Commenting on this at the Royal Australian and New Zealand College of Ophthalmologists (RANZCO) annual conference at the end of 2019, one senior New Zealand consultant ophthalmologist, who didn’t wish to be named, agreed with Moorfields’ approach. If it wasn’t for the ophthalmic nurses in his hospital being able to give injections, he’d spend he’d spend his whole time giving anti-VEGF injections and have no time to do sight-saving surgery, he said.
Cognisant of similar workforce concerns and the rise and rise in demand for anti-VEGF injections, New Zealand began training nurses to give IVT injections in 2012. Studies published in July 2016 and November 2016 in Auckland and Wellington, respectively, showed the safety profile achieved was the same as doctors, while the move enabled far more patients to be treated in a timely fashion, saving their sight.
“In keeping with the ‘work smarter not harder’ ethos, this transfer of ‘routine’ tasks has been realised both as a cost-saving per treatment delivered, and better utilisation of medical staff time…” wrote Auckland study authors Dr Priya Samalia, David Garland and Dr David Squirrel in the July 2016 issue of The New Zealand Medical Journal. “The utilisation of suitably trained nursing staff to deliver these treatments has had a positive impact on the medical retina service, allows for better utilisation of medical staff and has improved accessibility to the service for our patients,”
In Australia last year, the latest Medicare Benefits Schedule Review Taskforce Ophthalmology Report, following advice from Australia’s Ophthalmology Clinical Committee, also recommended a review of Australia’s broader ophthalmology workforce. “In relation to this review, the taskforce recommends a specific focus to assess the expansion of intravitreal injections to include appropriately trained nurse practitioners and optometrists… in response to evidence of clinical need, maldistribution of clinicians and constraints on overall supply.”
Talking to NZ Optics at the RANZCO conference, RANZCO board members Associate Professor Nitin Vermer and Professor Peter McCluskey, said they looked forward to reading Moorfields latest published research in this area. But RANZCO remains committed to its stance that IVT injections, should be done by medically-qualified professionals, ie. ophthalmologists, until they are convinced by the research, they said.
“A College needs to have consensus policy that everyone in the membership follows,” said Prof McCluskey. “Once this evidence is published, then RANZCO will look at it and it’s possible that in the future things might change. But at the moment, our focus is on safety and making sure there’s a consensus among RANZCO that we do things in a safe way to ensure the best patient outcomes.”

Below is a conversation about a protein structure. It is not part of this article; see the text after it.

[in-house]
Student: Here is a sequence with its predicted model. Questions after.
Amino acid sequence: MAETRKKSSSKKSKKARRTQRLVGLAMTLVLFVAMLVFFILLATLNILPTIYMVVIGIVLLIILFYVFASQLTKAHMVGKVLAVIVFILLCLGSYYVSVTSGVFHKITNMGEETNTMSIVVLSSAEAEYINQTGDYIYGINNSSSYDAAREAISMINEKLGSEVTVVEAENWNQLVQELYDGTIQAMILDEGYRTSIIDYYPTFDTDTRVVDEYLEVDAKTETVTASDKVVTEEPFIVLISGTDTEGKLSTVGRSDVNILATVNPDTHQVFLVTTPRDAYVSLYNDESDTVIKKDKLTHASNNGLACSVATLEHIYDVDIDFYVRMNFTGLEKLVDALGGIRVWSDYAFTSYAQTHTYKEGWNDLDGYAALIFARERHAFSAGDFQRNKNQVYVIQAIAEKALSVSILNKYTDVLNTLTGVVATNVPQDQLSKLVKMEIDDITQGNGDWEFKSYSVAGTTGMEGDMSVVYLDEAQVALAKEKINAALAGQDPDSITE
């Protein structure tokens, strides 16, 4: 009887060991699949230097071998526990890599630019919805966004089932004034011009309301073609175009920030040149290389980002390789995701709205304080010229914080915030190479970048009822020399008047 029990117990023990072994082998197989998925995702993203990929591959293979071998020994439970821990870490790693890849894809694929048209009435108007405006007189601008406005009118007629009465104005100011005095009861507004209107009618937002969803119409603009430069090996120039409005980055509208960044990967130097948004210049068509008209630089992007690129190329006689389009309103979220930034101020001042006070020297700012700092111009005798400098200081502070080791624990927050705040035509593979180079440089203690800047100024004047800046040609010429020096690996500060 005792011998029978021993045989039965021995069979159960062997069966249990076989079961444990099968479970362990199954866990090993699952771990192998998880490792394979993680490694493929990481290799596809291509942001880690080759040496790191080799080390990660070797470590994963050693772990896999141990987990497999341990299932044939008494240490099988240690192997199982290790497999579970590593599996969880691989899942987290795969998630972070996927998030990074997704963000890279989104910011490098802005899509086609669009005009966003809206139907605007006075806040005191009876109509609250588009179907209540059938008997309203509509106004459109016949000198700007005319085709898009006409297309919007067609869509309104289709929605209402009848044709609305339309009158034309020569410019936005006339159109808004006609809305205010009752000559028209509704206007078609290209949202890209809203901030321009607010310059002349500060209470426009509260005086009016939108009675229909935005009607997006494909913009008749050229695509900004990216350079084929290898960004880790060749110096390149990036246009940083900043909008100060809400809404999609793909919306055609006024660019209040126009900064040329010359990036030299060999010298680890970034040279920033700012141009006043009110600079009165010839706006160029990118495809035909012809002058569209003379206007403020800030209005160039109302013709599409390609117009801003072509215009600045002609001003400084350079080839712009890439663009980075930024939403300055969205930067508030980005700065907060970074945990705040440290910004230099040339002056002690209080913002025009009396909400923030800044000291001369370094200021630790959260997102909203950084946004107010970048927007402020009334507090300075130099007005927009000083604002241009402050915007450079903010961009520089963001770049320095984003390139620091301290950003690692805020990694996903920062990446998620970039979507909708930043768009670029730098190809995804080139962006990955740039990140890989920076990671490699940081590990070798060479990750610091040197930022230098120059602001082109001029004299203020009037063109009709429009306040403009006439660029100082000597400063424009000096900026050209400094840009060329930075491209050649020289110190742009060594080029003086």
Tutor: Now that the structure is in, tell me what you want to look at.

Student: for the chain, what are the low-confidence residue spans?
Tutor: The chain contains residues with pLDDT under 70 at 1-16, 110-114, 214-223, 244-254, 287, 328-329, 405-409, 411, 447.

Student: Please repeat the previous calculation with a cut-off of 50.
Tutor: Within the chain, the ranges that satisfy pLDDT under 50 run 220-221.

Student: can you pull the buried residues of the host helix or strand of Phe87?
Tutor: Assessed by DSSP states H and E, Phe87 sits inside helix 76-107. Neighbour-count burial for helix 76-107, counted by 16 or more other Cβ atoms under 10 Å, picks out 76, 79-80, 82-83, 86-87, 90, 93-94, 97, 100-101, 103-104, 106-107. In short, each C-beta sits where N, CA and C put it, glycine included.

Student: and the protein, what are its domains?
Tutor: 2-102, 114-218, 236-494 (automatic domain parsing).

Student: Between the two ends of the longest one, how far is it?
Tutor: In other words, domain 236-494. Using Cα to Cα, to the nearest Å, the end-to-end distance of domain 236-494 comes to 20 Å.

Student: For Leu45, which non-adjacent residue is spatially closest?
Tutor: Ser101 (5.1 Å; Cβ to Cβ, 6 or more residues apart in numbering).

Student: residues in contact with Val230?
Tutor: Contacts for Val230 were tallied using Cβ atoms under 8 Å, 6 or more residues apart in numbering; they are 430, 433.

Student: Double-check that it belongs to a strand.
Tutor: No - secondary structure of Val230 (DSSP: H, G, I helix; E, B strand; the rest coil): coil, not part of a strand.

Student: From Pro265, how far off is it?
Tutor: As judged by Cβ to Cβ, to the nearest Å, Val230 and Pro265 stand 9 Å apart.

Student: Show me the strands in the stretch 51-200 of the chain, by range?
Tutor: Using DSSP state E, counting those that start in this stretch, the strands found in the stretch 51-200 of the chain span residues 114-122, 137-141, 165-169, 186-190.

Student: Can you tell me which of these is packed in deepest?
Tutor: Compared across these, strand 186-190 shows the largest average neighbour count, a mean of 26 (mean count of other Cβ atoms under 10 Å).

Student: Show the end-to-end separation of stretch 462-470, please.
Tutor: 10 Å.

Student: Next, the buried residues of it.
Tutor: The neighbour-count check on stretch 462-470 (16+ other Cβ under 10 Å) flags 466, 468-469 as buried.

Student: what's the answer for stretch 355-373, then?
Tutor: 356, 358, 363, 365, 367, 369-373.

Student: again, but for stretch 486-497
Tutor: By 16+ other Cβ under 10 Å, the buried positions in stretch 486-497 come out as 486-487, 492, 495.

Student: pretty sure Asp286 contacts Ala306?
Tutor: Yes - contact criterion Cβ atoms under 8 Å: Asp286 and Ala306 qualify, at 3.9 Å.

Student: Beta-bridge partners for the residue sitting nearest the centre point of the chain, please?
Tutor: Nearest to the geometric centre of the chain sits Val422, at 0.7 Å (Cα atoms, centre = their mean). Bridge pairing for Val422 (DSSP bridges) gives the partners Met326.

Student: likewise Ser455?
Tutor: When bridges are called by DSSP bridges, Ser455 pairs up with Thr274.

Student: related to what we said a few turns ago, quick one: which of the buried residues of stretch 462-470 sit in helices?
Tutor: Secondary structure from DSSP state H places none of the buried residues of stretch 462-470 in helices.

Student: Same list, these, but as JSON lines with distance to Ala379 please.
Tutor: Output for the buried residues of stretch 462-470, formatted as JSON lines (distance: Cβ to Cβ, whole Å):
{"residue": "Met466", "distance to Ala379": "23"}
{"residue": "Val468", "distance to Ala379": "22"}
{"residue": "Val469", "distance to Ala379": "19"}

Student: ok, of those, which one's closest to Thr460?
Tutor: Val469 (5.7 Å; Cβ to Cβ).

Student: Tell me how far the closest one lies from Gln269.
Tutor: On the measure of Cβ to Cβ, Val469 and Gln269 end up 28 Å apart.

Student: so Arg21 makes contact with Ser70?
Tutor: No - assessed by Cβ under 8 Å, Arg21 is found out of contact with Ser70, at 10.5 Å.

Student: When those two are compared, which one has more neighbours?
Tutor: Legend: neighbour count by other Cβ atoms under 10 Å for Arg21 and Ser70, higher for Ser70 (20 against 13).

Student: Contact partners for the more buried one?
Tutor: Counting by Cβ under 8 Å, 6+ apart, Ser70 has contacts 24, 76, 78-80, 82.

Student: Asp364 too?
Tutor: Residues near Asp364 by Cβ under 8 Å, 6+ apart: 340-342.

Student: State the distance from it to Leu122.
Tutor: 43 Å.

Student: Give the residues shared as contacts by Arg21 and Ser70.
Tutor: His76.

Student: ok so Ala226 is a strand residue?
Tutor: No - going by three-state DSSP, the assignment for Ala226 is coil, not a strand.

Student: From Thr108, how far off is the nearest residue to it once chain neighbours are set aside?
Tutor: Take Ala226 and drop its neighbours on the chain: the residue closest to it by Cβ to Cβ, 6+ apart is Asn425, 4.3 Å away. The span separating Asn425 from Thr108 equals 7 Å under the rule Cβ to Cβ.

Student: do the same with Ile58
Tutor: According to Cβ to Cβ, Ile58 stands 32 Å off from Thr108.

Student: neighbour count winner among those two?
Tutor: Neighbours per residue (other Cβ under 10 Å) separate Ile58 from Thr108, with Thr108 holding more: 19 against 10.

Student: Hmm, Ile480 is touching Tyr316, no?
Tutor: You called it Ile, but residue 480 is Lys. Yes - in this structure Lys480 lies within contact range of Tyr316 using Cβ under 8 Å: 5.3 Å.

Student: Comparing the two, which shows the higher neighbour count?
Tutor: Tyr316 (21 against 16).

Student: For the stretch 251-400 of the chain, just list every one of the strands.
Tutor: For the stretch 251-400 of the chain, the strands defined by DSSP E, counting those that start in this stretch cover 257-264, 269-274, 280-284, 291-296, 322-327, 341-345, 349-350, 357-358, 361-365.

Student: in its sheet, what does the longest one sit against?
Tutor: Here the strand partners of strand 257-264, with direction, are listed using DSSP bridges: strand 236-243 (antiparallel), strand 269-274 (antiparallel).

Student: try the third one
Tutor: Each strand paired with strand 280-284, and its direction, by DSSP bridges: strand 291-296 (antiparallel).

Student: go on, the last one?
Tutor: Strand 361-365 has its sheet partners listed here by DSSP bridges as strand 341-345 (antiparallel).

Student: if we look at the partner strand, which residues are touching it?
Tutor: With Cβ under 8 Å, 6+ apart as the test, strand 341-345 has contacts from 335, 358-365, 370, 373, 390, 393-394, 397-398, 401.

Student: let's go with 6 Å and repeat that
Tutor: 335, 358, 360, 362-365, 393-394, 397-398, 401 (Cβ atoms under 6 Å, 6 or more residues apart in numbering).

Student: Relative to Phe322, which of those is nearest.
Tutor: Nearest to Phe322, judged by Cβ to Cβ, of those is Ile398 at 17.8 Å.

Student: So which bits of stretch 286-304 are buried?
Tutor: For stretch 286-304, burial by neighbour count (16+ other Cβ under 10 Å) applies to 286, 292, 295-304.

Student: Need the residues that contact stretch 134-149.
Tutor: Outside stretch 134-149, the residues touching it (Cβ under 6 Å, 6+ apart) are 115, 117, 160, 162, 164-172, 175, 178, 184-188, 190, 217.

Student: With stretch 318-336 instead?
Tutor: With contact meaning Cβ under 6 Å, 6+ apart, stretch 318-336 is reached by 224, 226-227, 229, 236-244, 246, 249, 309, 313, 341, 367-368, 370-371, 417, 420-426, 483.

New Zealand’s problem, like Moorfields’, is a workforce issue, said Prof Vermer. “It’s a very complex issue, and if it’s something that is based on evidence, then we can start working on solutions… and what works in New Zealand might be different from what works in Australia because the systems are different… but as a College we have one position.”
When asked about where RANZCO was regarding the guidelines for nurse injectors and support for other hospital-based allied health professional involvement in this area, mooted by RANZCO CEO David Andrews in September*, Prof Vermer and A/Prof McCluskey reiterated RANZCO’s position and said there were a number of working parties discussing numerous areas.
“Yes, (we’re in discussions) absolutely, but our position remains the same,” said A/Prof Nitin. “We have a lot of things going on all the time and at this stage we don’t have any published guidelines on this. That is something we would work on if we need to… because we’re not here to hinder, we’re here to help. But we must be very sure that the help we’re giving meets international standards, meets patient safety standards, is current and so on. So, we might appear to be moving slow, but we are very cautious because we don’t want to make the wrong decision.”
“Challenges such as an aging population mean that all involved in eye care must seek to deliver services in increasingly innovative ways,” said Dr Nick Strouthidis, Moorfields medical director. “Moorfields is active in meeting this challenge in several ways, including advancing the clinical roles of our allied health professionals to have skills that are fit for the future demands of ophthalmic services.”